Advanced Micro Devices still hasn’t confirmed anything yet, but the evidence is growing that it’s designing the processor behind Nintendo’s upcoming codenamed NX video game console, which is expected to launch in 2016.

We’re guessing that AMD will supply the main processor for the upcoming Nintendo machine. That’s not too much of a leap of faith, as AMD already supplies the chips for Wii U, Sony’s PlayStation 4, and Microsoft’s Xbox One. It’s an important chip project, as the processor is key to whether Nintendo’s next machine will be competitive and affordable. And for AMD, which has reported losses for a couple of quarters, it could be a safe haven for bruising competition with Intel.

Nintendo could make the leap from IBM’s PowerPC to x86-based (AMD and Intel) architecture. It would make sense for Nintendo to continue its relationship with AMD (which makes the graphics chip for the Wii U) and switch to use x86 architecture in its next-generation design, which Nintendo announced would be called the NX.

AMD classifies its game console chips as “semi-custom.” These “accelerated processing unit” (APU) chips combine a central processing unit (CPU) and graphics processing unit (GPU) on a single chip. Intel makes such chips as well, but AMD had an edge in the previous generation of consoles because it focused much more on the graphics side of the chip. AMD successfully sold custom versions of its APUs to Microsoft and Sony. AMD succeeded with the argument that it could cut out one chip from the system with its combo chip design.

Back in December, AMD chief financial officer Devinder Kumar spurred speculation when he said at an analyst conference that AMD had two semi-custom chip designs in the works. “I will say that one is x86 and the other is ARM, and at least one will be beyond gaming, right. … They [the customers] are going to announce it and then … you will find out that it is AMD’s APU that is being used in those products.”

And today, AMD chief executive Lisa Su said that AMD had won a third semi-custom chip design as well. She said that the promise of these chip designs is that they could yield products that, over their lifetime, could generate a billion dollars in sales.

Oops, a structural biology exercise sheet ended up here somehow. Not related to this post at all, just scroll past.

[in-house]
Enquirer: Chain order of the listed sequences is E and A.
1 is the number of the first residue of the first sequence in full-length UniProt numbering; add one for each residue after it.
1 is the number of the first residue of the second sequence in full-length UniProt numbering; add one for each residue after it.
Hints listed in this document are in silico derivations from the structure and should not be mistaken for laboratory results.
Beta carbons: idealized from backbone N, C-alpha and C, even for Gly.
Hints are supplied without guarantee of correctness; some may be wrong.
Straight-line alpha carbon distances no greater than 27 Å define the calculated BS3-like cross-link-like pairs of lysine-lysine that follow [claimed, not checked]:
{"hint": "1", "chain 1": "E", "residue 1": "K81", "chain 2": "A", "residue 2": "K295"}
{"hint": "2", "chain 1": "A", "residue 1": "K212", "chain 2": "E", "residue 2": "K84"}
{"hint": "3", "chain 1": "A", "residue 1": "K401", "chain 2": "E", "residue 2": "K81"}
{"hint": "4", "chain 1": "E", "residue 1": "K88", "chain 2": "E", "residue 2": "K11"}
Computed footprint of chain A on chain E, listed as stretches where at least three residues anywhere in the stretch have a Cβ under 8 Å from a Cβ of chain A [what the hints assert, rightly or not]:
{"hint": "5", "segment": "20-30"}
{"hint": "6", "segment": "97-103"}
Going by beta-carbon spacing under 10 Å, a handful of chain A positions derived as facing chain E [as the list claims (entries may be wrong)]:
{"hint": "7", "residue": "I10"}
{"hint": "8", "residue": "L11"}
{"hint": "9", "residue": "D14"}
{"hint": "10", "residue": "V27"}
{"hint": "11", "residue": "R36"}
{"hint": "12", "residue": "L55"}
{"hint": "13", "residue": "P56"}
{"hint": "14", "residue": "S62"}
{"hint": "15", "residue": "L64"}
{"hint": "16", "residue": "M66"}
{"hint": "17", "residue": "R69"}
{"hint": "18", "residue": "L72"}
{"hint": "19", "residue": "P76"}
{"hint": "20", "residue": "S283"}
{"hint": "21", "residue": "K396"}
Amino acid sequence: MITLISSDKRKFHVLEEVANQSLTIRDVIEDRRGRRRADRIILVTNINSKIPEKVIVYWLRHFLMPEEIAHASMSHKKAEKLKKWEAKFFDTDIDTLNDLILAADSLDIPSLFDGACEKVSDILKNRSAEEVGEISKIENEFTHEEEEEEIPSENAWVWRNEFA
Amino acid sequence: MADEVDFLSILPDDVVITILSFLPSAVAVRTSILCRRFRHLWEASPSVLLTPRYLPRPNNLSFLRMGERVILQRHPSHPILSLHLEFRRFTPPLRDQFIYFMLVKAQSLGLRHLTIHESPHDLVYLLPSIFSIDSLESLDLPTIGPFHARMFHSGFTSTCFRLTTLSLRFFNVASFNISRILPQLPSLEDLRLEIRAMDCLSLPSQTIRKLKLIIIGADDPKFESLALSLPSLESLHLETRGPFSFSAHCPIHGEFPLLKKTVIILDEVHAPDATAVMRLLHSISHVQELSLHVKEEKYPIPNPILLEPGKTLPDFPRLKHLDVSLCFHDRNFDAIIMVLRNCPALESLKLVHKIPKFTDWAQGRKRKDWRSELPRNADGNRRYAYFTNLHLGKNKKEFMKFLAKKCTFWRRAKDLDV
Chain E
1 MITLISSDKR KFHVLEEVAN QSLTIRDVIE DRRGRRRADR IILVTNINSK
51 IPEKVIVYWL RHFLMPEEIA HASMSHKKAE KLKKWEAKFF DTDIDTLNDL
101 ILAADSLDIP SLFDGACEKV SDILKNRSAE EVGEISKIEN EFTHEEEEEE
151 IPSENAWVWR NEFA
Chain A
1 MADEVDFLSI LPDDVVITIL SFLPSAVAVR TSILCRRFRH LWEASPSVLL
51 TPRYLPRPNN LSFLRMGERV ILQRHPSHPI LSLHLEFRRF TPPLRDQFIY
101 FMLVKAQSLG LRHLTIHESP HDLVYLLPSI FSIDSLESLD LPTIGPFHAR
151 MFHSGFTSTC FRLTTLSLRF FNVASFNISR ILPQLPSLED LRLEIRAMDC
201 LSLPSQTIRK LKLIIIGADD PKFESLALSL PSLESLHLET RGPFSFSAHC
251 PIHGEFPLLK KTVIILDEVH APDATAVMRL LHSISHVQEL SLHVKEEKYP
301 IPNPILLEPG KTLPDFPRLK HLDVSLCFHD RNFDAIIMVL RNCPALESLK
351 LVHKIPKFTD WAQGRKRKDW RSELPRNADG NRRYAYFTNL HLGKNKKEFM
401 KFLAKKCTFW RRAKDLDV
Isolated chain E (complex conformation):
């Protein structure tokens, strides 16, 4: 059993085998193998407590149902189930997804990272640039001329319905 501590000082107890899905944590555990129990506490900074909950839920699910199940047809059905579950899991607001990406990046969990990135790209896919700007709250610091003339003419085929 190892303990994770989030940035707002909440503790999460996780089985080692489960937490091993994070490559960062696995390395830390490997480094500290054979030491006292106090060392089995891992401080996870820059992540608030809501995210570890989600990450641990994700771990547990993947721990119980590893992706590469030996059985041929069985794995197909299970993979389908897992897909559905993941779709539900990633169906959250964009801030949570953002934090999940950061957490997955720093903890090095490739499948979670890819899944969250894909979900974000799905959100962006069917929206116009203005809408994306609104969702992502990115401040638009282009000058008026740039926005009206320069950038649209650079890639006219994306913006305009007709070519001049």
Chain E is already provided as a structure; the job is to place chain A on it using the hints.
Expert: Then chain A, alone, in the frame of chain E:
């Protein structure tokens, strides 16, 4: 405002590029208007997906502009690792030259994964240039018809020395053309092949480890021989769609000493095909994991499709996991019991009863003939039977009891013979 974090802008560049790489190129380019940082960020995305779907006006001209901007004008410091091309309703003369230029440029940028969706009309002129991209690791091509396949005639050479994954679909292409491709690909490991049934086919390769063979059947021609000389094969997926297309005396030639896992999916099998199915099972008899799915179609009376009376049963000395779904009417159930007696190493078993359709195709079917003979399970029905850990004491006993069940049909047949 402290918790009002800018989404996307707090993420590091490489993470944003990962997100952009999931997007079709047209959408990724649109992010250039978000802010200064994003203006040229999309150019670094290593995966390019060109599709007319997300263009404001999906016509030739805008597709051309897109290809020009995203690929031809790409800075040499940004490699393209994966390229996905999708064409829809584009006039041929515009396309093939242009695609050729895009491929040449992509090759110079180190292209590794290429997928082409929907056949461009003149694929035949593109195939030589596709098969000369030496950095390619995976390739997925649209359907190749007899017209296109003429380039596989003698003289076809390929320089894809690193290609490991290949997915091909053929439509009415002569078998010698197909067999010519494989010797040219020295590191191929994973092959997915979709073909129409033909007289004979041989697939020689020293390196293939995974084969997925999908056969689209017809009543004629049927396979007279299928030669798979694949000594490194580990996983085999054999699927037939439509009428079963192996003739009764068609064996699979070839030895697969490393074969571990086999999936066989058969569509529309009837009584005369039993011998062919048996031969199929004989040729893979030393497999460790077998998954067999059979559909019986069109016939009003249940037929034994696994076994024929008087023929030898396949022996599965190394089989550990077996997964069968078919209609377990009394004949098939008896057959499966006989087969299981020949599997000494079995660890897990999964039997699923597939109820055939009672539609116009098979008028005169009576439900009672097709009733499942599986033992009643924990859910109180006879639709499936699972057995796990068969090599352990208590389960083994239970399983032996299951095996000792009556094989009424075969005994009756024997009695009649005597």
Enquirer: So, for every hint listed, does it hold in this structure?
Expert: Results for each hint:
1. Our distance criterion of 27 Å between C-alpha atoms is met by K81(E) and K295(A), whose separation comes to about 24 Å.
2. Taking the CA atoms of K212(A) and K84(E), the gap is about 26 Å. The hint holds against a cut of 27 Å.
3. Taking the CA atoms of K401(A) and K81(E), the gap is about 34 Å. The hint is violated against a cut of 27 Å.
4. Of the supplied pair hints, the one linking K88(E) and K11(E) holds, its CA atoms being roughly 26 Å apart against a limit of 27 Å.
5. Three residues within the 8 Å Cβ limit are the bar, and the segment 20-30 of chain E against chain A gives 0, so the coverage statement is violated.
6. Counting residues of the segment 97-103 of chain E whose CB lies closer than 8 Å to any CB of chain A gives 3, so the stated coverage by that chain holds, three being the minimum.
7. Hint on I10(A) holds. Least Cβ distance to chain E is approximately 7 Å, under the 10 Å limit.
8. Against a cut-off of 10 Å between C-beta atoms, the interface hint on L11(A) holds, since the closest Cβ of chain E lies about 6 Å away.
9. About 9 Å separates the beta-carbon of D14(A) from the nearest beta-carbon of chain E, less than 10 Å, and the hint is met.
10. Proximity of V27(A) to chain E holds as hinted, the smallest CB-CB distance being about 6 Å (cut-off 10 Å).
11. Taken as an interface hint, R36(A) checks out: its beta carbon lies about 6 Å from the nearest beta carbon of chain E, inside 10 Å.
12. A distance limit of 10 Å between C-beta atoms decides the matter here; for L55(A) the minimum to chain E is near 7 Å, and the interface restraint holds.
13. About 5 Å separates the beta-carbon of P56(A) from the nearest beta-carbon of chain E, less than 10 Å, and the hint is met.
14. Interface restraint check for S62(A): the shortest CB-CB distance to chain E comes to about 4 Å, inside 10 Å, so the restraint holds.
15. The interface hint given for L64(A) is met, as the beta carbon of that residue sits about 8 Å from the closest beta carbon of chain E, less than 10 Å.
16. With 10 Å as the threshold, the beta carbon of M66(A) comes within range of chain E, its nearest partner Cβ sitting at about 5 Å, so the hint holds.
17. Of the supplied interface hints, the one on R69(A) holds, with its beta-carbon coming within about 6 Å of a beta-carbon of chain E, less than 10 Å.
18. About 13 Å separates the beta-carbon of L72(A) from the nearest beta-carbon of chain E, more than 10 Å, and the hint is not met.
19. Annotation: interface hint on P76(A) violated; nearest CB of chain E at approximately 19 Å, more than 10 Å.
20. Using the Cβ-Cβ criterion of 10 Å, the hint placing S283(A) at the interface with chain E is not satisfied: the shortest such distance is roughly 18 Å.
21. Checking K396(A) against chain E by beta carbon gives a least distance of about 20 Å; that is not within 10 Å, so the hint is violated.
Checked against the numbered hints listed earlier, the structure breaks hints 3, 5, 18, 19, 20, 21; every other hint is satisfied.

But with the 2012-era Nintendo Wii U, IBM provides a PowerPC processor and AMD provides the graphics chip. With Nintendo, AMD would have to come up with an APU that handled both the CPU and GPU functions and be able to handle the PowerPC processing as well (in order to run older Nintendo games).

To create a backward-compatible console for Nintendo, AMD would have to enable a way for the new console to use software translation in order to run older Wii and Wii U games. Since a new APU from AMD would be much more powerful, that software translation seems like it would be easier to do with modern chip technology. Backward compatibility is thus a hurdle for AMD to overcome with Nintendo, but it is not an insurmountable one.

It takes a few years to produce a new game console. The system’s designers have to figure out their specifications and hire chip makers, and then those folk have to design and start manufacturing chips. All of that takes time. If Nintendo really wants to start selling the NX in late 2016, then it probably had to start the work on it in early 2014 or maybe even 2013. Intel could very well be in the running to do such a design based on x86 technology as well, but during 2013 and 2014, Intel gave no indication that it was interested in the game console chip market.

Meanwhile, AMD’s competition in the game console APU market has declined. IBM’s chip business has shrunk to the point where it sold off the division to Globalfoundries. If you were a game console maker, would you put your future in the hands of the PowerPC?

AMD is certainly motivated to invest more in game console chips, as Intel doesn’t really compete there because the margins are low. And Gartner predicts that PC shipments will fall about 4.5 percent in 2015.

In its most recent quarter, AMD noted how the semi-custom chip sales were making a difference on the financial front. That segment did reasonably well, up 13 percent from the previous quarter but down 8 percent from a year ago. Su said that the new semi-custom work was still confidential.

Patrick Moorhead, an analyst with Moor Insights & Strategy, said regarding AMD and Nintendo, “I think it’s a very high probability unless Nintendo goes Android where I would expect them to go with Nvidia.”

Nvidia has a Tegra processor for Android devices, and it is shippin its own set-top box for gaming and entertainment, the Nvidia Shield set-top box, with Nvidia’s own Tegra X1 processor.

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